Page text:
Tasting and Testing a Genetically Modified, Non-Browning Apple

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By EMILY WALTZ NOVEMBER 10, 2015 11:20 a.m.

Innovations in biotech crops aren’t known for getting children excited, but there is a new fruit trait on its way to the market that families may appreciate and children may actually notice. It’s a genetically modified apple that doesn’t turn brown when it is bruised or sliced. My children and I had a chance to try some some last week. We beat them up and put them through a battery of tests to see how child-friendly and tasty they really are — a snack and a science lesson in one.

The apples also gave us an opportunity to talk about what genetic engineering is and where we stand on the issue — a topic parents will increasingly face. In the American home, the idea of engineered, or genetically modified (GM), foods so far has remained a bit abstract. We don’t know when we are eating such ingredients, since they aren’t labeled on food packaging. And we don’t see or experience the traits, since most genetic modifications to crops aim to improve yield or create efficiencies for the farmer.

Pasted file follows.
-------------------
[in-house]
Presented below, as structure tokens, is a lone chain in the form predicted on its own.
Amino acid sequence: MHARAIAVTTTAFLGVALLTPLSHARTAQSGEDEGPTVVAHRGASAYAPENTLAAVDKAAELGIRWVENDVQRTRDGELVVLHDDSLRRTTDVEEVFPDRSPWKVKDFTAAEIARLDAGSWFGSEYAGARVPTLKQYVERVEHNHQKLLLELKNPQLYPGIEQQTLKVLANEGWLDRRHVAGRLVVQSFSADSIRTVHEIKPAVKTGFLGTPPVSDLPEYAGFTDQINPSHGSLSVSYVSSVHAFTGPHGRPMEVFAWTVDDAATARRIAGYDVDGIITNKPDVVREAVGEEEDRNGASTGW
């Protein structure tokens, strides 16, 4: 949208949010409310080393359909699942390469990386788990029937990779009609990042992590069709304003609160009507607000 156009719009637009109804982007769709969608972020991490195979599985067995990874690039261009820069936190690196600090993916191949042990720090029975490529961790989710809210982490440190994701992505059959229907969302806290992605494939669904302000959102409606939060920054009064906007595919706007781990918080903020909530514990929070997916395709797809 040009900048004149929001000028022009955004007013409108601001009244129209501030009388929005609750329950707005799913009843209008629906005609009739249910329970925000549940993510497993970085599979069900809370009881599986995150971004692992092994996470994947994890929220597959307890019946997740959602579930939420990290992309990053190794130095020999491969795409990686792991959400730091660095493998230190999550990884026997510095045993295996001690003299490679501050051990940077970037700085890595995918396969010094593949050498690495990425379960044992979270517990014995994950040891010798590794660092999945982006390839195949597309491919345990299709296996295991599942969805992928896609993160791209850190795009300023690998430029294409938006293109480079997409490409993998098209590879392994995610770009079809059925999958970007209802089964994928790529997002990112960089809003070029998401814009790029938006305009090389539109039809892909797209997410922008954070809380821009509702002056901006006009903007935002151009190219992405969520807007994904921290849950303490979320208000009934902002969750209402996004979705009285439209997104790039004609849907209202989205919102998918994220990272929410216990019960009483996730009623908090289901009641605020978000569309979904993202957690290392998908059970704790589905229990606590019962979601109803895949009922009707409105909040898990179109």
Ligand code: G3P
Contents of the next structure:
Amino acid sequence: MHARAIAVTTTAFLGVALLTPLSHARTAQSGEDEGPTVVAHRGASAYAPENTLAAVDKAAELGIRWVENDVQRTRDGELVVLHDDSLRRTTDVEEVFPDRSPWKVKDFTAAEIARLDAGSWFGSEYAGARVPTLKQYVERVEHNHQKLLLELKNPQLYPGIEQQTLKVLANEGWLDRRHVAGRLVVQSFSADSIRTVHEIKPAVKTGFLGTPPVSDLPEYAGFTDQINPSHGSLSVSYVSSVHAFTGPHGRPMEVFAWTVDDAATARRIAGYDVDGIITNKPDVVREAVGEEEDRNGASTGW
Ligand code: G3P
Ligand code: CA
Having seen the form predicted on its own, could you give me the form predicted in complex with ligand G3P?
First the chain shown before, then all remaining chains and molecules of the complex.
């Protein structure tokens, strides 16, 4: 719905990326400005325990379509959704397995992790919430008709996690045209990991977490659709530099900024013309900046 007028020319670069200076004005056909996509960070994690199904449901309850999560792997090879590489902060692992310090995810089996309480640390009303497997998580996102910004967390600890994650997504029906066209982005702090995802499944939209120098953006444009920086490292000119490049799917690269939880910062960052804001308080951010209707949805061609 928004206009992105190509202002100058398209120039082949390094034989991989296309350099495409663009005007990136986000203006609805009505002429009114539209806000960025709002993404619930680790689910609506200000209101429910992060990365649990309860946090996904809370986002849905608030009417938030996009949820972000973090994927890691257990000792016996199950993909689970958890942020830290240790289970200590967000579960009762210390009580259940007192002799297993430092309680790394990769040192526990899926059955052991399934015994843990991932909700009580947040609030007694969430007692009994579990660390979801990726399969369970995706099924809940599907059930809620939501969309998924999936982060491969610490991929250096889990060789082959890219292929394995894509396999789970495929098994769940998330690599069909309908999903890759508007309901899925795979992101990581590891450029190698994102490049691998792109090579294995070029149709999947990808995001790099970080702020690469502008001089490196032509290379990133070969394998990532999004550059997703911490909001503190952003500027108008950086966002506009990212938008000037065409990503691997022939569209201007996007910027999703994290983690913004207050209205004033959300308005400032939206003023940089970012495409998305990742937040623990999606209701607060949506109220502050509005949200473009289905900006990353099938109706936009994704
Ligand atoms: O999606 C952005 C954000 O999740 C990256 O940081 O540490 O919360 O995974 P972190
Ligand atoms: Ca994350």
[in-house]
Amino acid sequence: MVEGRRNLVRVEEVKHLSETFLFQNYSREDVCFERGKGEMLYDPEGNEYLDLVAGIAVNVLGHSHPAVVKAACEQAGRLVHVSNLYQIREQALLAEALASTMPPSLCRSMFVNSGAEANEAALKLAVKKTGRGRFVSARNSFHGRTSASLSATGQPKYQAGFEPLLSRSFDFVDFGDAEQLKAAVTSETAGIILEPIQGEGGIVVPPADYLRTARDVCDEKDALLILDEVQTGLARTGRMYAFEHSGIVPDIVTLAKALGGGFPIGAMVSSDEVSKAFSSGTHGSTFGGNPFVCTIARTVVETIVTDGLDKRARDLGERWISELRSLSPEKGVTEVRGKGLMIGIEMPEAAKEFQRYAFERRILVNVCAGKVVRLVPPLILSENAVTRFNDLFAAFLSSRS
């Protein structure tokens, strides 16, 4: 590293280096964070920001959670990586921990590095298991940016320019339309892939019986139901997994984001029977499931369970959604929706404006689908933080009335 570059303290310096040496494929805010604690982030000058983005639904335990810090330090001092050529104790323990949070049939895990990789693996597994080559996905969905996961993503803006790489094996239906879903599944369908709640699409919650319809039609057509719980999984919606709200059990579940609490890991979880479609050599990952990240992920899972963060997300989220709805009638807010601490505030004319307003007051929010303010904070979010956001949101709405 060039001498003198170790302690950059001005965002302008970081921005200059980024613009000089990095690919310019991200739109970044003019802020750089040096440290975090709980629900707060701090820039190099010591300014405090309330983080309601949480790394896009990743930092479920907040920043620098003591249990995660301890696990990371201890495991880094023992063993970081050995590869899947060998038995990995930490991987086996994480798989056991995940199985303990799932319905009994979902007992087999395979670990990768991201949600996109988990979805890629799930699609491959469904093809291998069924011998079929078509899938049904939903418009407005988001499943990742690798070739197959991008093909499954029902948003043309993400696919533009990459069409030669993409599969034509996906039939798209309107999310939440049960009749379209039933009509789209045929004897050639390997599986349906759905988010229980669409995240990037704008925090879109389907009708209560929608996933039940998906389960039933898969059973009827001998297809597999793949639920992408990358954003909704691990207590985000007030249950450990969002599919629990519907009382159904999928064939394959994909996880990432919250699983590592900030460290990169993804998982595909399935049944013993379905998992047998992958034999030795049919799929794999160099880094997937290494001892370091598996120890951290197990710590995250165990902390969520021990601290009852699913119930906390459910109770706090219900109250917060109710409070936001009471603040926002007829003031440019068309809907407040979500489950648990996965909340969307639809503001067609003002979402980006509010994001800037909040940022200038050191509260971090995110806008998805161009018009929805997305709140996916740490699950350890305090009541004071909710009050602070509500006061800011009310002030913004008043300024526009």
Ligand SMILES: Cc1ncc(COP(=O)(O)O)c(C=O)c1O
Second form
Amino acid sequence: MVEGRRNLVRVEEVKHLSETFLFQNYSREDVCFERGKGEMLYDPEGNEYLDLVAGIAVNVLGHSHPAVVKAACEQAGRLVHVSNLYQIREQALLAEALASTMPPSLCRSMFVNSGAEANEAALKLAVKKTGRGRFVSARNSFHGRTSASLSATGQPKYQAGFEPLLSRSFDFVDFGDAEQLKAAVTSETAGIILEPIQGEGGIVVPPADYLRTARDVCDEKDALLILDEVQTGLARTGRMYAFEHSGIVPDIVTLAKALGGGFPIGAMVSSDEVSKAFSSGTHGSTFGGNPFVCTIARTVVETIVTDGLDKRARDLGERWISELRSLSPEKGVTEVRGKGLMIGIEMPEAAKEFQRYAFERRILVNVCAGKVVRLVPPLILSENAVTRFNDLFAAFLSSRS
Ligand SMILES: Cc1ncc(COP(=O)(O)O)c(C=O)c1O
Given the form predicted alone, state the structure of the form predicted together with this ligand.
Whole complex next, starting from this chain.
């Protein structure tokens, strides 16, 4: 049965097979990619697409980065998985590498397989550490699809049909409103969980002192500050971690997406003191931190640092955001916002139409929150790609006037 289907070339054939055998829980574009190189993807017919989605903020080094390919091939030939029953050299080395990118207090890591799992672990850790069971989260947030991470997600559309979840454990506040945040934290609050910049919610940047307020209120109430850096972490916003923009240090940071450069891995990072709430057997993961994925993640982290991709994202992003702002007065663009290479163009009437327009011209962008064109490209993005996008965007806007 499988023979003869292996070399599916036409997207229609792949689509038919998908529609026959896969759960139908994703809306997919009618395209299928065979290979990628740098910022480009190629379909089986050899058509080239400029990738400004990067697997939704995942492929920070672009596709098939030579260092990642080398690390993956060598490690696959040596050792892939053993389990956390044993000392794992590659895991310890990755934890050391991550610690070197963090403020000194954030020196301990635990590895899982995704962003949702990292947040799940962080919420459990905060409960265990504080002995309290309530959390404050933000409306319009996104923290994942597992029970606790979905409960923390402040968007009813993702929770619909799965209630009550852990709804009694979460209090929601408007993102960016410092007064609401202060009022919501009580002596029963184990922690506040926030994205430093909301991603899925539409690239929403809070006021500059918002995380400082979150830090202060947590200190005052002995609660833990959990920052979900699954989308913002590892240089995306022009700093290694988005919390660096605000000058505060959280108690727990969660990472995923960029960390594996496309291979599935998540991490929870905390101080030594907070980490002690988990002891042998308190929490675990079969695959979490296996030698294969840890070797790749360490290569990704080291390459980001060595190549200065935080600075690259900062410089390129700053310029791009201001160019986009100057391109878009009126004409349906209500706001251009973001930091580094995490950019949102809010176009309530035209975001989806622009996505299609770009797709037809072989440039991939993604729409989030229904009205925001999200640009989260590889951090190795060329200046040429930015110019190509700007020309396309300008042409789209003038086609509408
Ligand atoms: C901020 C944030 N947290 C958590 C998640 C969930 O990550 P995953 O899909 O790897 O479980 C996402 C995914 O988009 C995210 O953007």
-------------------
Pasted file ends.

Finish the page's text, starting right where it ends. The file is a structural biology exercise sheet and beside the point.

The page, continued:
Apples engineered to thwart the browning process, however, put the science in our faces. Our children will be able to hold these apples in their hands and watch the engineered trait work. A non-browning apple is a concrete demonstration of biotechnology at work.

The apple’s developer, a small Canadian company called Okanagan Specialty Fruits, accomplished this by silencing genes that code for polyphenol oxidase, the enzyme that causes browning in apples when they are bumped or sliced and exposed to air. Regulatory agencies in the United States and Canada earlier this year approved the apple, and Okanagan says it plans to make them available in small test-market quantities in the fall of 2016.

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